Am 07.03.2013 19:59, schrieb Heiko Voigt:
> On Thu, Mar 07, 2013 at 10:49:09AM +0100, Daniel Bratell wrote:
>> Den 2013-03-06 19:12:05 skrev Heiko Voigt <>:
>>> On Mon, Feb 25, 2013 at 05:44:05PM +0100, Daniel Bratell wrote:
>>>> A submodule change can be merged, but only if the merge is a
>>>> "fast-forward" which I think is a fair demand, but currently it
>>>> checks if
>>>> it's a fast-forward from a commit that might not be very interesting
>>>> anymore.
>>>> If two branches A and B split at a point when they used submodule commit
>>>> S1 (based on S), and both then switched to S2 (also based on S)
>>>> and B then
>>>> switched to S21, then it's today not possible to merge B into A, despite
>>>> S21 being a descendant of S2 and you get a conflict and this warning:
>>>> warning: Failed to merge submodule S (commits don't follow merge-base)
>>>> (attempt at ASCII gfx:
>>>> Submodule tree:
>>>> S ---- S1
>>>>   \
>>>>    \ - S2 -- S21
>>>> Main tree:
>>>> A' (uses S1) --- A (uses S2)
>>>>   \
>>>>    \ --- B' (uses S2) -- B (uses S21)
>>>> I would like it to end up as:
>>>> A' (uses S1) --- A (uses S2) ------------ A+ (uses S21)
>>>>   \                                     /
>>>>    \ --- B' (uses S2) -- B (uses S21)- /
>>>> And that should be legal since S21 is a descendant of S2.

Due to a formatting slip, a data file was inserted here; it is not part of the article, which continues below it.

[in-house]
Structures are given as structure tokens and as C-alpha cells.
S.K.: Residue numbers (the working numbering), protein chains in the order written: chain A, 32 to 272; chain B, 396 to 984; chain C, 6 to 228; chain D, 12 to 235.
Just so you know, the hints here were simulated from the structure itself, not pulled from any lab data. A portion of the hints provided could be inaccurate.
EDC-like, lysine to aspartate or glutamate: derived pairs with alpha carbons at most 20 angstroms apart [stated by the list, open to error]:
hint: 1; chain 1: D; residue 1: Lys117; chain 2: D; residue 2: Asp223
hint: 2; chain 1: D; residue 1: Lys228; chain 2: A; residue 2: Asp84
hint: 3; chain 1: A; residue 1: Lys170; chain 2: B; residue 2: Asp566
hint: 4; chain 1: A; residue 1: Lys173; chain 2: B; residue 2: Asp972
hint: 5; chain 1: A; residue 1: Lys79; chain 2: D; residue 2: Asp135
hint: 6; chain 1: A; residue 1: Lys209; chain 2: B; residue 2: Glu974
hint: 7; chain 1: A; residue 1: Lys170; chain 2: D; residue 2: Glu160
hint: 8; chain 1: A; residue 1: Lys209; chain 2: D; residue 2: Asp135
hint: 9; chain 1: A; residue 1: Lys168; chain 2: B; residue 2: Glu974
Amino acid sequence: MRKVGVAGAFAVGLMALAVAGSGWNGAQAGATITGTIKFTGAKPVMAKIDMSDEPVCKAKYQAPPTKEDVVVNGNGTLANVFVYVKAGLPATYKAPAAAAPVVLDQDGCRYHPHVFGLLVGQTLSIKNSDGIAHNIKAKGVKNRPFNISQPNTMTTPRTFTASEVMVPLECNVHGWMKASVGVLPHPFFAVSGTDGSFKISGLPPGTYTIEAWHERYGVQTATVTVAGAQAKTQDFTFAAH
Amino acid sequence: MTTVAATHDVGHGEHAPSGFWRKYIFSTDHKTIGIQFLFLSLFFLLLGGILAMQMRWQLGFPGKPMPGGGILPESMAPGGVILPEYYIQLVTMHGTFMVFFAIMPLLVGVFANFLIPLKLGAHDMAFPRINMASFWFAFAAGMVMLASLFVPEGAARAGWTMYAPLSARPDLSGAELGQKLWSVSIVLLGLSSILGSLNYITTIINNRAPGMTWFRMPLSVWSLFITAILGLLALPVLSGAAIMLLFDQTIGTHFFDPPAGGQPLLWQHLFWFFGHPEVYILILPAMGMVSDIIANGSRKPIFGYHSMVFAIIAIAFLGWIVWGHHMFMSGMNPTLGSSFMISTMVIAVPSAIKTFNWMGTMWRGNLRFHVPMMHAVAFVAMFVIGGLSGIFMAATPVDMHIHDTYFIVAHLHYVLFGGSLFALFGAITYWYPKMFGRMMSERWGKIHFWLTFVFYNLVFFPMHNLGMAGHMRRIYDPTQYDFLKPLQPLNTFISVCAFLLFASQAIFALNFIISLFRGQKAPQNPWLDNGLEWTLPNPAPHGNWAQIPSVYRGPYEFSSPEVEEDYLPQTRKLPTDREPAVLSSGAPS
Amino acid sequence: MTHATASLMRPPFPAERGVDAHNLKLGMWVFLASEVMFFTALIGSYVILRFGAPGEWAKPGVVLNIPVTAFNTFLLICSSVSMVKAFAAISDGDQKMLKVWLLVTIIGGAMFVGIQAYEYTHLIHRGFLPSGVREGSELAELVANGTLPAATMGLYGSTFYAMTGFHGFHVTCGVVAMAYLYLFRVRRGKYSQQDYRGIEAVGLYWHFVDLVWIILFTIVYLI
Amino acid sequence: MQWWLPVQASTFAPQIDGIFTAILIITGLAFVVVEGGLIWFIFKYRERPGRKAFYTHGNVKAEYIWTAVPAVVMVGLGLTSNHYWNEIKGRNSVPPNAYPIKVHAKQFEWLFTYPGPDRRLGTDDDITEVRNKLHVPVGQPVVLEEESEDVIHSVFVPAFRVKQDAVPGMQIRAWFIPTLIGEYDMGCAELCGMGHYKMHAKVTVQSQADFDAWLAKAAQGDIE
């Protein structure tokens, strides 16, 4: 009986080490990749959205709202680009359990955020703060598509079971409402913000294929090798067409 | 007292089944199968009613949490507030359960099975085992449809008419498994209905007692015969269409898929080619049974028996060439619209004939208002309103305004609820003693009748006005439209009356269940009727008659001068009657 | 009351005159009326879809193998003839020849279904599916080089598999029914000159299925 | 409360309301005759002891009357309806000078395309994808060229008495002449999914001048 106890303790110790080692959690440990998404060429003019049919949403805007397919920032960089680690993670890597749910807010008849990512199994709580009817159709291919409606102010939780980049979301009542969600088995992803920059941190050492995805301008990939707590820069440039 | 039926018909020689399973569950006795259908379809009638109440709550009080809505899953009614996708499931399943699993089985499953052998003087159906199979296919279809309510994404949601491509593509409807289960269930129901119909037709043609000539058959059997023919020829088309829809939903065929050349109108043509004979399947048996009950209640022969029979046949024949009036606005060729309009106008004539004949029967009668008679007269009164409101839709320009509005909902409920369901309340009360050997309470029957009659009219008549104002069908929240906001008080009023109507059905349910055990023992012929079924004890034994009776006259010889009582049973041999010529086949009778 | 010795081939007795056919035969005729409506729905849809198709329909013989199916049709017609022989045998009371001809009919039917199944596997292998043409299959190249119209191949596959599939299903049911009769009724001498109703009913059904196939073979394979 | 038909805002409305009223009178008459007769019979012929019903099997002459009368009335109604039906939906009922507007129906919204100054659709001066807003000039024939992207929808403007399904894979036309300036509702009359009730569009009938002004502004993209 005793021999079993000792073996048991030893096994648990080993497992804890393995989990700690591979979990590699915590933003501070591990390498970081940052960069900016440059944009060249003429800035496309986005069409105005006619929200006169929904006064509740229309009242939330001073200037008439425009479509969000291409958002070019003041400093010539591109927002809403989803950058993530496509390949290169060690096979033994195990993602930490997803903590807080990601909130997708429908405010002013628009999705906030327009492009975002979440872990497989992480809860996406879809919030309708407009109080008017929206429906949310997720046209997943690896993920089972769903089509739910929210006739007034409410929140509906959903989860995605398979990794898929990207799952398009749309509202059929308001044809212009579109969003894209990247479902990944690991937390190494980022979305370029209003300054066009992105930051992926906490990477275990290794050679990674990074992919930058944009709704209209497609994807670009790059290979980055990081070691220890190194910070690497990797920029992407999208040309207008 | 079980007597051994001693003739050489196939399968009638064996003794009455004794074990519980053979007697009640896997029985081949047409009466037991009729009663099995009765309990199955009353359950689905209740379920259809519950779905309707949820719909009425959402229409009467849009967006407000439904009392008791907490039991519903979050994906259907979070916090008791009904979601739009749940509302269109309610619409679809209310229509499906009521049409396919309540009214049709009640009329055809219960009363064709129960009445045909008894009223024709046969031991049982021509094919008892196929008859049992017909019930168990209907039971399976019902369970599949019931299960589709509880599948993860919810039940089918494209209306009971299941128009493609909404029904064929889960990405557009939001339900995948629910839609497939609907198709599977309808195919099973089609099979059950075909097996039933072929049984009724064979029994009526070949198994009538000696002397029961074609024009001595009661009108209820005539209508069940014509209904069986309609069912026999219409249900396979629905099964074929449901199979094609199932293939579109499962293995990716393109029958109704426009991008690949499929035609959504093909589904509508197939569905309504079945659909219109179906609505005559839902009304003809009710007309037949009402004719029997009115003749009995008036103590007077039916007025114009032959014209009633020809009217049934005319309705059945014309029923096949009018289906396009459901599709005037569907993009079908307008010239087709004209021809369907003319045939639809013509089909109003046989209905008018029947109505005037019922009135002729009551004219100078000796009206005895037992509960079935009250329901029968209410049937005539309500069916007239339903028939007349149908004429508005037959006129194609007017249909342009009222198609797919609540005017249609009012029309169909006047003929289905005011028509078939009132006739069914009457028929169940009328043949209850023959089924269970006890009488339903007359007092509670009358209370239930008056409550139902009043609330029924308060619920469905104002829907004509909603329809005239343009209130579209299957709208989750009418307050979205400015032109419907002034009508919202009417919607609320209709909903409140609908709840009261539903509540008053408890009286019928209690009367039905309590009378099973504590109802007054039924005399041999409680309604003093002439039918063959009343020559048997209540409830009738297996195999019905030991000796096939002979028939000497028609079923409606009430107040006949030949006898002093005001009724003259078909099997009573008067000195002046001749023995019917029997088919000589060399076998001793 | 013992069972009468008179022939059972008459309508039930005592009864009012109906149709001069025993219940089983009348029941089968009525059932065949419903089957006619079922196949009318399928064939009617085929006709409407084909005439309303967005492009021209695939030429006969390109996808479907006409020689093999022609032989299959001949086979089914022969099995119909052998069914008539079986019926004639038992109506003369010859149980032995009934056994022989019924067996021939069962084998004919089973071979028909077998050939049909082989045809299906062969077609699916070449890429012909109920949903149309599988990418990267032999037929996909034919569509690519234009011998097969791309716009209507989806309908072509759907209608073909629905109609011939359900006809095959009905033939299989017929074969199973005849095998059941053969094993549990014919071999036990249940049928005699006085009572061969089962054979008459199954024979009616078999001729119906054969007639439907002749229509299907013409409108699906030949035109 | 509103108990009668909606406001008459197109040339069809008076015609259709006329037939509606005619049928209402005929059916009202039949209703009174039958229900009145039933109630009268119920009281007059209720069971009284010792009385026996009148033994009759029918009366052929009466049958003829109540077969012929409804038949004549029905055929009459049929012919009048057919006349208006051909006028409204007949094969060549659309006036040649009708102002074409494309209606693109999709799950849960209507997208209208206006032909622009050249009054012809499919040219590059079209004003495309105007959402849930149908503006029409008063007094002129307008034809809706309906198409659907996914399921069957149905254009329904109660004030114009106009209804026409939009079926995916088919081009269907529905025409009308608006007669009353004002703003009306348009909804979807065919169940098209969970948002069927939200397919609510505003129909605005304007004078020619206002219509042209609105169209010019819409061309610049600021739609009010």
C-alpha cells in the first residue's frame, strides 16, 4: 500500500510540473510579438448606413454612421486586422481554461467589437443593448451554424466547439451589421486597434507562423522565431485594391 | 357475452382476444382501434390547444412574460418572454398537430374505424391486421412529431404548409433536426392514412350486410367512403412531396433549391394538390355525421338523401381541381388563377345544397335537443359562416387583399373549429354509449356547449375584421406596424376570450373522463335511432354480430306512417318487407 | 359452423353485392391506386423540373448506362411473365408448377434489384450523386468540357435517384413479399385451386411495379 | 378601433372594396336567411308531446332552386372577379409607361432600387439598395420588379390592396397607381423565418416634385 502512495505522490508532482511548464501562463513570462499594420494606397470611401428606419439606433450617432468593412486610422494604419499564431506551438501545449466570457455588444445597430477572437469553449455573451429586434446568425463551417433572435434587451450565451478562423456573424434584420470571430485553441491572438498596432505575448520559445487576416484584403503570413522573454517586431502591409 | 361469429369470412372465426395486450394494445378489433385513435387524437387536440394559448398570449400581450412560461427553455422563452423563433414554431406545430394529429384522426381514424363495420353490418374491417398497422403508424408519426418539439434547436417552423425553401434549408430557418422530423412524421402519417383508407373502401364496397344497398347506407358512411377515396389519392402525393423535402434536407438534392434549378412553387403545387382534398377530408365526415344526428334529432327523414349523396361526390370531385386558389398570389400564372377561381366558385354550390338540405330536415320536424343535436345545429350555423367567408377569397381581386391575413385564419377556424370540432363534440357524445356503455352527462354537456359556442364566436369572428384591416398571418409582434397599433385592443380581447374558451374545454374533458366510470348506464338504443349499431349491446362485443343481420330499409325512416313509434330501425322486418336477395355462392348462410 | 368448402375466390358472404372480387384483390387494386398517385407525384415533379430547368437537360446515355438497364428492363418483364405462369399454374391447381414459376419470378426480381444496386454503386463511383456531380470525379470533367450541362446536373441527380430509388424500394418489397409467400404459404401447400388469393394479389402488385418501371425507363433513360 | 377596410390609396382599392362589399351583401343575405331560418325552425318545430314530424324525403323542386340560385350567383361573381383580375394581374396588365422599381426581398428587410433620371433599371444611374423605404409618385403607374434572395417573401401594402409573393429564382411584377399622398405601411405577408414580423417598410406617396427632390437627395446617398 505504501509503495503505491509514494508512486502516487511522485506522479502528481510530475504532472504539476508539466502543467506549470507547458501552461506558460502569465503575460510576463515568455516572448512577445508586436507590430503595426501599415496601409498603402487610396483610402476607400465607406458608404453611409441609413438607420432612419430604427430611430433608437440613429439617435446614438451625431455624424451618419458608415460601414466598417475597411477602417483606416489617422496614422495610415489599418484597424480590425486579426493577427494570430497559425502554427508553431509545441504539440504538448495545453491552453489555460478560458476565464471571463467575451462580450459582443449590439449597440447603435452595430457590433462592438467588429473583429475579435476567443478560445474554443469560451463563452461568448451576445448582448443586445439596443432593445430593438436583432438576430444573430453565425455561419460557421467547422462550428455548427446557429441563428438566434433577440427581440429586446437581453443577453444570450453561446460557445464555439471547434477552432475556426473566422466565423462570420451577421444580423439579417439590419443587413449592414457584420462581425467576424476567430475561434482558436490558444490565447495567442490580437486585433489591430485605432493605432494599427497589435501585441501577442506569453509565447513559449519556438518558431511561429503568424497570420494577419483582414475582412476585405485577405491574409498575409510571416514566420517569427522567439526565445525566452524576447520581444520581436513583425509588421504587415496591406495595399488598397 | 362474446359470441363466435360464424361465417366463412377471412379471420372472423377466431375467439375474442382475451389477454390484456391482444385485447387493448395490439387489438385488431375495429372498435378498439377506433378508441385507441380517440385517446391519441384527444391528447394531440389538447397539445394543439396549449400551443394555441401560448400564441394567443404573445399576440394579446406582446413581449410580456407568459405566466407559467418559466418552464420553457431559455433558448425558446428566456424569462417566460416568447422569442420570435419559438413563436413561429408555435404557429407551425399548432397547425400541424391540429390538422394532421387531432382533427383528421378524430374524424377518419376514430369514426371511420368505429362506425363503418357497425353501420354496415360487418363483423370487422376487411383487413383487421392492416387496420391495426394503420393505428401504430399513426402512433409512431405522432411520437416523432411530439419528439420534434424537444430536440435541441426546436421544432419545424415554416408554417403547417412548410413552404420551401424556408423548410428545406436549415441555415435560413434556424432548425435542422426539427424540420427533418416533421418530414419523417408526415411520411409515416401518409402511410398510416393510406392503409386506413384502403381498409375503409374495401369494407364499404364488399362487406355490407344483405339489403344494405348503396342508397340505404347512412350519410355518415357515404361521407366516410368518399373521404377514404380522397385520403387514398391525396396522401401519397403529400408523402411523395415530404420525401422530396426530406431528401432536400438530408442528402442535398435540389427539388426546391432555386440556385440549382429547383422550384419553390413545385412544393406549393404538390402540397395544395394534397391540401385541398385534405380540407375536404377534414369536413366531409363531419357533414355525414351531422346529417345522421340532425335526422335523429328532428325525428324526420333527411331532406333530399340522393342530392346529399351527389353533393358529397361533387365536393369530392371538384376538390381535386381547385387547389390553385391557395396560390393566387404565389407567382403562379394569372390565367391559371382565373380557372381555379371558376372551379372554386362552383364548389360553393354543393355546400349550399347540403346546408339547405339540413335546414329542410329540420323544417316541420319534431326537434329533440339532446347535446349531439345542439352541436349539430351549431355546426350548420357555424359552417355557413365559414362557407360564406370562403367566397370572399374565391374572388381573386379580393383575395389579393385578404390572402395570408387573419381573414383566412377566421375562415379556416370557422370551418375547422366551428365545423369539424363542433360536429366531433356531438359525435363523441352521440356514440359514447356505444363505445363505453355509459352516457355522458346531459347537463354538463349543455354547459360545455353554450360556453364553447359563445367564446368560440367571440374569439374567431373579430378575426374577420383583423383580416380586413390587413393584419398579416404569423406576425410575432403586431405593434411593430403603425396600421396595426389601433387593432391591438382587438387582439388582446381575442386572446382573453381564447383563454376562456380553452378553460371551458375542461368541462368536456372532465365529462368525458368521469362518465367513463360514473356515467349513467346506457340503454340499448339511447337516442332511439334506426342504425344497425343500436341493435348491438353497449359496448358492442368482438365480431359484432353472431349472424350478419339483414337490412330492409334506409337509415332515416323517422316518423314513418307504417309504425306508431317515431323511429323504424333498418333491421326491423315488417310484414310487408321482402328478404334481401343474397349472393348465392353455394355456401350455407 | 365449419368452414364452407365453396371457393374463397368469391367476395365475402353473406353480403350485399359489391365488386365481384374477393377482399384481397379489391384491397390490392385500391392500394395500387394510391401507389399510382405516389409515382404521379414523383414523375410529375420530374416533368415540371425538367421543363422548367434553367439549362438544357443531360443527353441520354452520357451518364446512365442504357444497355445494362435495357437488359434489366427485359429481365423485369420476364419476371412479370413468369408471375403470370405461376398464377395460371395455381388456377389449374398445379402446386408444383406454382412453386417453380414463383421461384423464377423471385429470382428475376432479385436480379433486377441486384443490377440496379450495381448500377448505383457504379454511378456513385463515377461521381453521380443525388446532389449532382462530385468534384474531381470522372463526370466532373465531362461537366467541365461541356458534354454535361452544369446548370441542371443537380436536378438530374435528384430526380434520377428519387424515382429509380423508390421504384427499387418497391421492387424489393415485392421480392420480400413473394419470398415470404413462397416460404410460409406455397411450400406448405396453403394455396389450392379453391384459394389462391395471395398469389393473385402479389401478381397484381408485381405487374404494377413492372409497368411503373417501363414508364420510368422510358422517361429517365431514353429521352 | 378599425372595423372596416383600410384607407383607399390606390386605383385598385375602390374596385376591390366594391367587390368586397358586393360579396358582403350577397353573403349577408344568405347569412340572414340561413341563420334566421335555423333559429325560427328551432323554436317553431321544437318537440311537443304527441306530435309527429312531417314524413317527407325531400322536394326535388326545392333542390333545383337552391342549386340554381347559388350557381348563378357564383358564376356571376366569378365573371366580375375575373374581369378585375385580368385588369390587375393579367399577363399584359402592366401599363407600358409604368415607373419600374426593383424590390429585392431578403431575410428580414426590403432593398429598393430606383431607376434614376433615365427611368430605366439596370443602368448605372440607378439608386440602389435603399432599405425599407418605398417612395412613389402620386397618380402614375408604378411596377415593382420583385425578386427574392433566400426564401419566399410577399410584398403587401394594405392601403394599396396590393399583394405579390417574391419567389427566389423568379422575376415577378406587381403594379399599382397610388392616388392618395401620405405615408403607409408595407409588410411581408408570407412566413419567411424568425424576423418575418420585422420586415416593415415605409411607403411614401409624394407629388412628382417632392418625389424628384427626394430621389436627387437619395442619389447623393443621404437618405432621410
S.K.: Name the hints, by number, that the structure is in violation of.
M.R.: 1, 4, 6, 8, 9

>>> So to summarize what you are requesting: You want a submodule merge be
>>> two way in the view of the superproject and calculate the merge base
>>> in the submodule from the two commits that are going to be merged?
>>> It currently sounds logical but I have to think about it further and
>>> whether that might break other use cases.
>> Maybe both could be legal even. The current code can't be all wrong,
>> and this case also seems to be straightforward.
> Ok I have thought about it further and I did not come up with a simple
> (and stable) enough strategy that would allow your use case to merge
> cleanly without user interaction.
> The problem is that your are actually doing a rewind from base to both
> tips. The fact that a rewind is there makes git suspicious and we simply
> give up. IMO, thats the right thing to do in such a situation.
> What should a merge strategy do? It infers from two changes what the
> final intention might be. For submodules we can do that when the changes
> on both sides point forward. Since thats the typical progress of
> development. If not there is some reason for it we do not know about. So
> the merge gives up.
> Please see this post about why we need to forbid rewinds from the
> initial design discussion:

I agree that rewinds are a very good reason not merge two branches using
a fast-forward strategy, but I believe Daniel's use case is a (and maybe
the only) valid exception to that rule: both branches contain *exactly*
the same rewind. In that case I don't see any problem to just do a fast
forward to S21, as both agree on the commits to rewind.
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